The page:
Paris — “The City of Light” is an appropriate moniker. There are two reasons Paris earned its name — as one of the leaders of the Age of Enlightenment and also as one of the first cities to get gaslight. But there is a more obvious reason. Early in the morning or late in the afternoon, the city literally glows.
The light seems to bounce off the buildings, not so sharp that one has to shield one’s eyes, but in a bright, diffused way that gives everything an ethereal shimmer. The main stone used in Paris’ construction from the 17th century on is Lutetien limestone, and that contributes to the light.
Georges-Eugene Haussmann was commissioned to renovate Paris by Napoleon III, and the Paris we see today stems from the public works project that began in 1853. He widened the streets and insisted on a uniformity to create a harmonious effect.
Most buildings in Paris prior to the renovation were made of brick or wood and covered with plaster. Haussmann demanded that the new boulevards be either built or faced with cut stone, usually Lutetien limestone (The name derives from Lutetia (French, Lutèce) which was the city’s name in ancient times). Haussmann also decreed that the facades be maintained, repainted, or cleaned, at least every 10 years, under threat of 100 francs.
The stone was extracted from the hills to the south of Paris by tunneling. The grey/cream stone was used in parts of the Place de la Concorde, Les Invalides and the Louvre.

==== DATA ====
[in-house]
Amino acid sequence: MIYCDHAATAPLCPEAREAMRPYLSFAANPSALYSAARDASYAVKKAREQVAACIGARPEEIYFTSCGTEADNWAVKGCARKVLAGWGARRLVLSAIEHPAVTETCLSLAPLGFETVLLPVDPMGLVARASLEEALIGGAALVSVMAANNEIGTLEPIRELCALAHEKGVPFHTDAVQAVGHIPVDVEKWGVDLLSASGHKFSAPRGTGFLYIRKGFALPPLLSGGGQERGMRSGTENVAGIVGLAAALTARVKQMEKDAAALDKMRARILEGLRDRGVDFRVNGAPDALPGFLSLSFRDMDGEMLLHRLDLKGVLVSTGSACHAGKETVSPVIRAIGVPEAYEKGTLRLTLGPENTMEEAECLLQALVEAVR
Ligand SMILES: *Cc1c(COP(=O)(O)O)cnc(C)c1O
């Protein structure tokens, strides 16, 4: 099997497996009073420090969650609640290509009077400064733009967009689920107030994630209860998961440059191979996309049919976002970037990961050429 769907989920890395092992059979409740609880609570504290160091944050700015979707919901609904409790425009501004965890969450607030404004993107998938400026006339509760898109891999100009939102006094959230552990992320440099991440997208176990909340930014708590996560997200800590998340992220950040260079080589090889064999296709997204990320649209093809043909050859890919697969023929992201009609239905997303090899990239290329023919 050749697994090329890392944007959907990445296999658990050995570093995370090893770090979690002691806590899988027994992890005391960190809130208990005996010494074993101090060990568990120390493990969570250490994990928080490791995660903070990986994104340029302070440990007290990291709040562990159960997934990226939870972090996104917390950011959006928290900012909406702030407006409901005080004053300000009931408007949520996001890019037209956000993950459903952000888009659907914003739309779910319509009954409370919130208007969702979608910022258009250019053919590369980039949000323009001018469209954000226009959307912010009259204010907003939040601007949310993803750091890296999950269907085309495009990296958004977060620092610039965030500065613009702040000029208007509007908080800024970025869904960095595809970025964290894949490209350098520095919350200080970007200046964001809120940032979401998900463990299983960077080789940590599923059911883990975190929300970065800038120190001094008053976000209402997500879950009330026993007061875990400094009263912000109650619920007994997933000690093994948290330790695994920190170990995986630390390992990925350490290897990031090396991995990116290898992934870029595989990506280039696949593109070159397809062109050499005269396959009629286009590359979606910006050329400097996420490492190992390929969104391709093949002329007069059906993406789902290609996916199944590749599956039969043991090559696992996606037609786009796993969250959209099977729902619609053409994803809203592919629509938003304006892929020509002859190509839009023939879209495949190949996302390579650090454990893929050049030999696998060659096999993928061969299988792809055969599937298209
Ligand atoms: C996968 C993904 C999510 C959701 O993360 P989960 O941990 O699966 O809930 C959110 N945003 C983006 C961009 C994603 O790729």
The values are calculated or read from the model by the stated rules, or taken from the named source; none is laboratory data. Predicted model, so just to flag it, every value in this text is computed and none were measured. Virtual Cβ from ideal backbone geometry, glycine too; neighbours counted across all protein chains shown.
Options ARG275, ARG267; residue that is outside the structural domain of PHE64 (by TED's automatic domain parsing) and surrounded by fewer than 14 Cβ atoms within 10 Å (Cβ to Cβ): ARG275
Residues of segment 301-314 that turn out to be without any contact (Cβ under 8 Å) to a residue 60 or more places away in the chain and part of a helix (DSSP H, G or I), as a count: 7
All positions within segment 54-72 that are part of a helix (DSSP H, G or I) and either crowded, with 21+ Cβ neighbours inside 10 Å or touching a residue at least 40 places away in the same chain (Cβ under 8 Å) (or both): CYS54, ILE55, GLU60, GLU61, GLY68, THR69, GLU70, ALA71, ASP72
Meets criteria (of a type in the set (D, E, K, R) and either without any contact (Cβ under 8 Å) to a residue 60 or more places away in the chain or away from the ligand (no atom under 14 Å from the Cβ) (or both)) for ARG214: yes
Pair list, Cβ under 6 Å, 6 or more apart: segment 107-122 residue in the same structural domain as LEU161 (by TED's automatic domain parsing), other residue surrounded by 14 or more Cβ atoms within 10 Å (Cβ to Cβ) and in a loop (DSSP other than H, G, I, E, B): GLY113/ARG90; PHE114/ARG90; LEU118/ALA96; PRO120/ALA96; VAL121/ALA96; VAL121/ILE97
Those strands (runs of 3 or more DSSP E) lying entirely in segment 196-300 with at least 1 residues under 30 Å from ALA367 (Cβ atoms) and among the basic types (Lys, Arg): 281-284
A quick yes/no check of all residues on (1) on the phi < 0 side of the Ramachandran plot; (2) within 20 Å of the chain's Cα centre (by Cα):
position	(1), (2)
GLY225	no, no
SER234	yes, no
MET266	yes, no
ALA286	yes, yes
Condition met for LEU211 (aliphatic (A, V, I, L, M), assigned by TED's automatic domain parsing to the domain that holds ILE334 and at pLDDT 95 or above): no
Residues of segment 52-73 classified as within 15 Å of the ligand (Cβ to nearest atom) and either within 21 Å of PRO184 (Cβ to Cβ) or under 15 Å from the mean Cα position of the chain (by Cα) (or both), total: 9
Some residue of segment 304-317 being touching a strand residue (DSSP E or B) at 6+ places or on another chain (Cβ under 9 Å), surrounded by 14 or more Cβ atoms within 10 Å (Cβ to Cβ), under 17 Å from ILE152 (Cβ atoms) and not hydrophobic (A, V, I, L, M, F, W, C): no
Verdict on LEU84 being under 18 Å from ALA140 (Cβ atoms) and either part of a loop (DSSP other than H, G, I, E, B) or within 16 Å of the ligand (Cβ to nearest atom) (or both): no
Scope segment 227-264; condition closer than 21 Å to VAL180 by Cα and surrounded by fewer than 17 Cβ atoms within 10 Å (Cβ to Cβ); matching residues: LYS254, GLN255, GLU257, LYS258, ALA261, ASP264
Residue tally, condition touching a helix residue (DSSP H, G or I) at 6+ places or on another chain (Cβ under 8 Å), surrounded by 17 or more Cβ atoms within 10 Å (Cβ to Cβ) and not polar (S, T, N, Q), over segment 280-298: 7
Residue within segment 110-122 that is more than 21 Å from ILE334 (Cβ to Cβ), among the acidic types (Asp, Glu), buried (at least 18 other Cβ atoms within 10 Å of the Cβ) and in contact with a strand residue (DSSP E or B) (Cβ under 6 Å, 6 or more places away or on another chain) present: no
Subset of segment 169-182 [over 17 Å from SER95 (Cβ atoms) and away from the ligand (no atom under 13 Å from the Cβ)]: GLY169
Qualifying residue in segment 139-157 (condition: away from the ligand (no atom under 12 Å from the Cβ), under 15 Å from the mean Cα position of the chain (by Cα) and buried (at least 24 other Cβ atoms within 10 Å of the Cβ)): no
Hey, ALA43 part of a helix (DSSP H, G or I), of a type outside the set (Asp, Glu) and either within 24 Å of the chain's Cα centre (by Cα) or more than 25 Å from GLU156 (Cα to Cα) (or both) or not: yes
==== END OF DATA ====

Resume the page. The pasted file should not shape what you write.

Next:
The pastel stone gives the city a brightness that one does not find in London or New York and contributes to the personality of Paris — and major cities certainly have a personality.
The sun does not set in the summer until after 9 p.m., and an early evening stroll along the Seine or around Montmartre is recommended. The perfect cap to the evening is to sit on the steps of the Sacré Coeur and watch the sunset.
Even at night there is a glow. Watch Woody Allen’s “Midnight in Paris” and it is easy to think the magical quality is the product of movie magic, but it is not far from reality.
Nowadays, the “Paris stone” comes from half a dozen quarries in the Oise, 25 miles north of the city and is used in upscale building projects around the world, with the hard, sliceable version selling for 2,000 euros a cubic meter.
But while the stone is beautiful in itself, it is the rows of light-colored buildings that envelope the walker that creates the true effect. Paris is for lovers, the saying goes, and architecture that contributes to the romance.